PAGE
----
Modelling Argument Quality in Technology-Mediated Peer Instruction

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Published Dec 26, 2023
Sameer Bhatnagar Michel Desmarais Amal Zouaq

Abstract

Learnersourcing is the process by which students submit content that enriches the bank of learning materials
available to their peers, all as an authentic part of their learning experience. One example of learnersourcing
is Technology-Mediated Peer Instruction (TMPI), whereby students are prompted to submit
explanations to justify their choice in a multiple-choice question (MCQ), and are subsequently presented
with explanations written by their peers, after which they can reconsider their own answer. TMPI allows
students to contrast their reasoning with a variety of peer-submitted explanations. It is intended to foster
reflection, ultimately leading to better learning. However, not all content submitted by students is adequate
and it must be curated, a process that can require a significant effort by the teacher. The curation
process ought to be automated for learnersourcing in TMPI to scale up to large classes, such as MOOCs.
Even for smaller settings, automation is critical for the timely curation of student-submitted content, such
as within a single assignment, or during a semester.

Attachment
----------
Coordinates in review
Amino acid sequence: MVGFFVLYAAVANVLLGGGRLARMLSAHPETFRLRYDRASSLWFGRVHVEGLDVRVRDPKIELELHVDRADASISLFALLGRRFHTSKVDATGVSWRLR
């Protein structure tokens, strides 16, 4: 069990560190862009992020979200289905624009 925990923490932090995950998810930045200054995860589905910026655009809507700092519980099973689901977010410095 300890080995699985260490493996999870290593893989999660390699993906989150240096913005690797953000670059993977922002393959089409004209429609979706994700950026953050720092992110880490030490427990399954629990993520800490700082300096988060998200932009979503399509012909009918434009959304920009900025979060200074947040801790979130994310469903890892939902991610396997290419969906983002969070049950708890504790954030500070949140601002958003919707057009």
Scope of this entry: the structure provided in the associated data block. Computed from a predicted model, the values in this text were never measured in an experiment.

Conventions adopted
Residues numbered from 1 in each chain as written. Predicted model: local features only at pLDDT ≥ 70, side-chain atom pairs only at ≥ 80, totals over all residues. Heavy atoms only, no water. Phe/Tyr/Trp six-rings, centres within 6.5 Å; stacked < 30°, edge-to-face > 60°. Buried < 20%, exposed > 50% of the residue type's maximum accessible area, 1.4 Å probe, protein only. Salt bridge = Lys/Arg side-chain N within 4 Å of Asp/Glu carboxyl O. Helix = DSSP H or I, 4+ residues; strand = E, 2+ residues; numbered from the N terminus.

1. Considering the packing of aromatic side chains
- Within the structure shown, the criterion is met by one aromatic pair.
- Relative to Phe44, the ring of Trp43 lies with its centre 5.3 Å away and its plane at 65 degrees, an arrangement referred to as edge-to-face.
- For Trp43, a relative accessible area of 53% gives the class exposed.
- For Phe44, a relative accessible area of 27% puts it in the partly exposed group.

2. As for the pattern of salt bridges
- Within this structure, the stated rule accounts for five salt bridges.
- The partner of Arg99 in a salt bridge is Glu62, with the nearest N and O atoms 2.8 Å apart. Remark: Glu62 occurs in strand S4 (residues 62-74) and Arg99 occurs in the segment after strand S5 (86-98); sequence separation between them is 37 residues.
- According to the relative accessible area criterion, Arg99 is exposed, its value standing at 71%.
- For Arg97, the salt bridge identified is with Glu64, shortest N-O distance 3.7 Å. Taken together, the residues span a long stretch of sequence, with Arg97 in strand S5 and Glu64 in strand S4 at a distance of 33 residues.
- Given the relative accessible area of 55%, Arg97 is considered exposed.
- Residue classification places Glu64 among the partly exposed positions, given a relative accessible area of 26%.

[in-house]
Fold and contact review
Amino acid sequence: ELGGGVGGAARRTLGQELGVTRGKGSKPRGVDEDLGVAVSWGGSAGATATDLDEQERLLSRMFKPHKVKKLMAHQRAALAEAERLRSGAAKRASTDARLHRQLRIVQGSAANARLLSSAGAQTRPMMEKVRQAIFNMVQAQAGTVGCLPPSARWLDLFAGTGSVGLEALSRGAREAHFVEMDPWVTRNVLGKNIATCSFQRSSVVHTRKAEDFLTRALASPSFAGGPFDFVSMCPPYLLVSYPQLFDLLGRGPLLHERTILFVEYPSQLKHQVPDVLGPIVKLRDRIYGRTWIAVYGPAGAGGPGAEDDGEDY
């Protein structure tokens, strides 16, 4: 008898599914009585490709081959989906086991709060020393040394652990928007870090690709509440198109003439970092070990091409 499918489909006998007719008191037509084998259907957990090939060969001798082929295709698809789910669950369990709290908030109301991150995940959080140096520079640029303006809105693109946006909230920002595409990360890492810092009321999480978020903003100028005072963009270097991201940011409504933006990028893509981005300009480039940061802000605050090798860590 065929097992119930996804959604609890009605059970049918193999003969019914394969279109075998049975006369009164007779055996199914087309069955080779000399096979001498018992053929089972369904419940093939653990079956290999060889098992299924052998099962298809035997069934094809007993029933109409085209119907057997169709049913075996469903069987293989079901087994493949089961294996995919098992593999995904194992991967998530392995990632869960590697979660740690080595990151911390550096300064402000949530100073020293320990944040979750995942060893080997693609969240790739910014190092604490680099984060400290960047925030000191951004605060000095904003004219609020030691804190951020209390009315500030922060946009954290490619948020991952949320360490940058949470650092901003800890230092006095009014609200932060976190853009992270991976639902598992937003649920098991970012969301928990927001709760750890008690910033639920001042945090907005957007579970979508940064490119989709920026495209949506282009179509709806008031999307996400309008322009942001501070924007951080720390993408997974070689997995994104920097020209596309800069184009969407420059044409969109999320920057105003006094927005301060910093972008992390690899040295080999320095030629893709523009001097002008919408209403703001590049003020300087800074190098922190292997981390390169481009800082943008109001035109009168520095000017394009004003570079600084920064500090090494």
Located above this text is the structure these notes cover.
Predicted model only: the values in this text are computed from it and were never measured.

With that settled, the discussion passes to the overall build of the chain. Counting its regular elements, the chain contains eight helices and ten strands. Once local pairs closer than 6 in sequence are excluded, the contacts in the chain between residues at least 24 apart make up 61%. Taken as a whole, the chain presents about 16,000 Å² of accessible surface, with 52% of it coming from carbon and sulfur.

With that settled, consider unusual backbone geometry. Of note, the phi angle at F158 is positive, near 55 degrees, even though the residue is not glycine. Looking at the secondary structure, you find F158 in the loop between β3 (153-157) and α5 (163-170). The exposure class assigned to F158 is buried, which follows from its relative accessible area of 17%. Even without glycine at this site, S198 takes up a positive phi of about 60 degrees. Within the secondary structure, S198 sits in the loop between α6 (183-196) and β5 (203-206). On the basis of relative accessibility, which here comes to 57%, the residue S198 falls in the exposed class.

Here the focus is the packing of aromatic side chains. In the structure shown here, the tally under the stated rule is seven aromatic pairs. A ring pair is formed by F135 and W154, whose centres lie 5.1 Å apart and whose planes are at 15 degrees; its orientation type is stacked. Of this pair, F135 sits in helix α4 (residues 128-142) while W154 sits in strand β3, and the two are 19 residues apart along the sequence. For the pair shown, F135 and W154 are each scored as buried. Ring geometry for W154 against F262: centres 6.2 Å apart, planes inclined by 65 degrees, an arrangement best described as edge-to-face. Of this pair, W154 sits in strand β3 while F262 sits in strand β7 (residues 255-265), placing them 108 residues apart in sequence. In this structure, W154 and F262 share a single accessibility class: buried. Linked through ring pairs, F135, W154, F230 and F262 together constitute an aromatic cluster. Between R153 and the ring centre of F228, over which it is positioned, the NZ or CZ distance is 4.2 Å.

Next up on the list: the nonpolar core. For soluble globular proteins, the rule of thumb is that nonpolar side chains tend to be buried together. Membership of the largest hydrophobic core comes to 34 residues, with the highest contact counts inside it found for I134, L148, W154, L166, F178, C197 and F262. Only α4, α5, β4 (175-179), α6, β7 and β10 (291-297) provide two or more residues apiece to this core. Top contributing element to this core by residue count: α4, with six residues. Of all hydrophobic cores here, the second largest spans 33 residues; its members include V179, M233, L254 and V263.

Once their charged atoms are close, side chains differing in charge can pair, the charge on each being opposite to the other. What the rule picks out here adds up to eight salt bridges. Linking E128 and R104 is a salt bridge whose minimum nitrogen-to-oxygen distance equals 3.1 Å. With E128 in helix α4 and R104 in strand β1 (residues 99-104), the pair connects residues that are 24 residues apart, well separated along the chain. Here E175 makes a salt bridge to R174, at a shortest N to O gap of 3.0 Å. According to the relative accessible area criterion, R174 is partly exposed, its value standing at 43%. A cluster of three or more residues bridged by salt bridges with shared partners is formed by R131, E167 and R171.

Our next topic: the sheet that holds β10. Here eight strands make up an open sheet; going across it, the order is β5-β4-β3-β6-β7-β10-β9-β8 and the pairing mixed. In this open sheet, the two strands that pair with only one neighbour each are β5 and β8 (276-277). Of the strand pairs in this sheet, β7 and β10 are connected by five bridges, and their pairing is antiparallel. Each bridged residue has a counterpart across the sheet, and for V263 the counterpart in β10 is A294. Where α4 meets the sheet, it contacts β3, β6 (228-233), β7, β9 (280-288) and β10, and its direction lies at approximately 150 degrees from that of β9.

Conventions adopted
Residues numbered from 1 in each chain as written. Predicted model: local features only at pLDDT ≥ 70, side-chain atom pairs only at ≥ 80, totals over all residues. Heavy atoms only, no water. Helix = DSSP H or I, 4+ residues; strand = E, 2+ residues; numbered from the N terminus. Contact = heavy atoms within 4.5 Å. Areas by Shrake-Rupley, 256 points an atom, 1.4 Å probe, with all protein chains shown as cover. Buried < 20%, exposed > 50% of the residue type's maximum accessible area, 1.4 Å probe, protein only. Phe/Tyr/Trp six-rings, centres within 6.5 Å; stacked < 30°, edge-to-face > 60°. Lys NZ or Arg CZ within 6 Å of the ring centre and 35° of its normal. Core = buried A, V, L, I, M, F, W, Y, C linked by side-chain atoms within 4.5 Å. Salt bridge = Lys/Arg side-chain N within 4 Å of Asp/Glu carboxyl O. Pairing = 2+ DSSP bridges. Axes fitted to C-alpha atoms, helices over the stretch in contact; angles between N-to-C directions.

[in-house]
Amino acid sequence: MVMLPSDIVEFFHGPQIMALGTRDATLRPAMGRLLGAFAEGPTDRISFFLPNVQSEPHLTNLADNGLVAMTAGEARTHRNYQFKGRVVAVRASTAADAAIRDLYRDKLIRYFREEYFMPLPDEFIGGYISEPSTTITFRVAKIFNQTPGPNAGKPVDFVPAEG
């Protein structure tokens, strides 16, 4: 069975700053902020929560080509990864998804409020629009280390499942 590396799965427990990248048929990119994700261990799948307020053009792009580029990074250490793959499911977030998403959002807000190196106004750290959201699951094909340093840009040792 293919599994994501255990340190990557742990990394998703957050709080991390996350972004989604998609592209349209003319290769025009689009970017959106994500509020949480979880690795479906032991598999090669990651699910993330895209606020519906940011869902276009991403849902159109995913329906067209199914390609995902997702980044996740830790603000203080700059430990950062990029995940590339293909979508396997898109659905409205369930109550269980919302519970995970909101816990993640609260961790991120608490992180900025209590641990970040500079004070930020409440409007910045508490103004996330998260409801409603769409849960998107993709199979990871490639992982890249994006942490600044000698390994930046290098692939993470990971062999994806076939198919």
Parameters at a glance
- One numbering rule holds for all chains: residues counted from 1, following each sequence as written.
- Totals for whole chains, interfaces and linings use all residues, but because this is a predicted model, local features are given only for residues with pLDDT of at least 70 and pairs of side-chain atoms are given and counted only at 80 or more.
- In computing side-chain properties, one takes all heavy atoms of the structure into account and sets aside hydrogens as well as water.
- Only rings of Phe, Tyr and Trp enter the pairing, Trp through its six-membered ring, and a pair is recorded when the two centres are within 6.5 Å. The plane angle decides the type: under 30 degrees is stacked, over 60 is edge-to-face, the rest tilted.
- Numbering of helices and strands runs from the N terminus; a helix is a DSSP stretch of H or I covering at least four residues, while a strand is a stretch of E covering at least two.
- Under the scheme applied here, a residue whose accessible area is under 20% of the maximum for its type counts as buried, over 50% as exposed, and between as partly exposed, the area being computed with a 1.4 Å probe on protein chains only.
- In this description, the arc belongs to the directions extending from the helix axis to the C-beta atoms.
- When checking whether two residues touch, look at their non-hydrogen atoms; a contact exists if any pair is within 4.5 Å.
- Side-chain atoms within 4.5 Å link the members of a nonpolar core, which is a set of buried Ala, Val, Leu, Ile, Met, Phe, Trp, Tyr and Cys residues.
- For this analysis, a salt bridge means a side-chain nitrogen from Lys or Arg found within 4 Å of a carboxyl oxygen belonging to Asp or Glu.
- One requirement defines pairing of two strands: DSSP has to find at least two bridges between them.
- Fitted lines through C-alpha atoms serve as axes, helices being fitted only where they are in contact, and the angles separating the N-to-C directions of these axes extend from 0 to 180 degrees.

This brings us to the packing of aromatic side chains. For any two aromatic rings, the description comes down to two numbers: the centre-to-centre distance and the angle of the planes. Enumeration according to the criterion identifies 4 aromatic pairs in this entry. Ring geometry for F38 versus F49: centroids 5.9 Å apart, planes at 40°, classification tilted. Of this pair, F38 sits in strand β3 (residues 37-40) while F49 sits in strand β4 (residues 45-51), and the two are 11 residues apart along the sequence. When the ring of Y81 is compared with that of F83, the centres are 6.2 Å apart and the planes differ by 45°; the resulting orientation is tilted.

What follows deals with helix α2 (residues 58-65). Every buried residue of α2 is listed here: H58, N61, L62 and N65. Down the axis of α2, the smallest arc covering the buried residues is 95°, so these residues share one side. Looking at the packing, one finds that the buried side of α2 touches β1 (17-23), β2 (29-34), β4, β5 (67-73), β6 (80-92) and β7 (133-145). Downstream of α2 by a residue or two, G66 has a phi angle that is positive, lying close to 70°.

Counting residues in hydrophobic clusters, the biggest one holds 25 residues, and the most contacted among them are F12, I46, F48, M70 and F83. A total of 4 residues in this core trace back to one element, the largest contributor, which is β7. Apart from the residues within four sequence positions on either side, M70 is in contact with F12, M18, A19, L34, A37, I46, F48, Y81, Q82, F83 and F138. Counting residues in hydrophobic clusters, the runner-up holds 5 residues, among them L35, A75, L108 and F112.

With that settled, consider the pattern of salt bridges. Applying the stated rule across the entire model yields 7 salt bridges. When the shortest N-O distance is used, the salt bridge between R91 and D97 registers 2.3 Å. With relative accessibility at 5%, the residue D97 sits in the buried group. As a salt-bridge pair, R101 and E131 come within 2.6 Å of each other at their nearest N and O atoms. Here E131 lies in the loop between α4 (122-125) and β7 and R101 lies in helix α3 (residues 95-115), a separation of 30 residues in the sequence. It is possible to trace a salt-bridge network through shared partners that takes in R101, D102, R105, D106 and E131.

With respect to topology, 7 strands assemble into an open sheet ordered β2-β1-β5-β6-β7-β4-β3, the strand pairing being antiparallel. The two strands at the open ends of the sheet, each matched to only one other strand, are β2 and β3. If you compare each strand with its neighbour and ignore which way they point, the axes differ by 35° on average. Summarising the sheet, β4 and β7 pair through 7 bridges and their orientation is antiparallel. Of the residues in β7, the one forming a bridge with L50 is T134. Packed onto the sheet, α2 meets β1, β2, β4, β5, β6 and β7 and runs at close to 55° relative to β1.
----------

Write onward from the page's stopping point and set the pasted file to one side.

We adapt methods from argument mining and natural language processing to address the curation
challenge and assess the quality of student answers submitted in TMPI, as judged by their peers. The
curation task is confined to the prediction of argument convincingness: an explanation submitted by a
learner is considered of good quality, if it is convincing to their peers. We define a methodology to
measure convincingness scores using three methods, Bradley-Terry, Crowd-Bradley-Terry and WinRate.
We assess the performance of feature-rich supervised learning algorithms as well as transformer-based
neural approach to predict convincingness using these scores. Experiments are conducted over different
domains, from ethics to STEM. While the neural approach shows the greatest correlation between its
prediction and the different convincingness measures, results show that success on this task is highly dependent
on the domain and the type of question.

How to Cite

Bhatnagar, S., Desmarais, M., & Zouaq, A. (2023). Modelling Argument Quality in Technology-Mediated Peer Instruction. Journal of Educational Data Mining, 15(3), 26–57. https://doi.org/10.5281/zenodo.10391483
Abstract 88 | HTML Downloads 45 PDF Downloads 95

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Keywords

learnersourcing, comparative peer evaluation, text mining, convincingness, Technology-Mediated Peer Instruction (TMPI)

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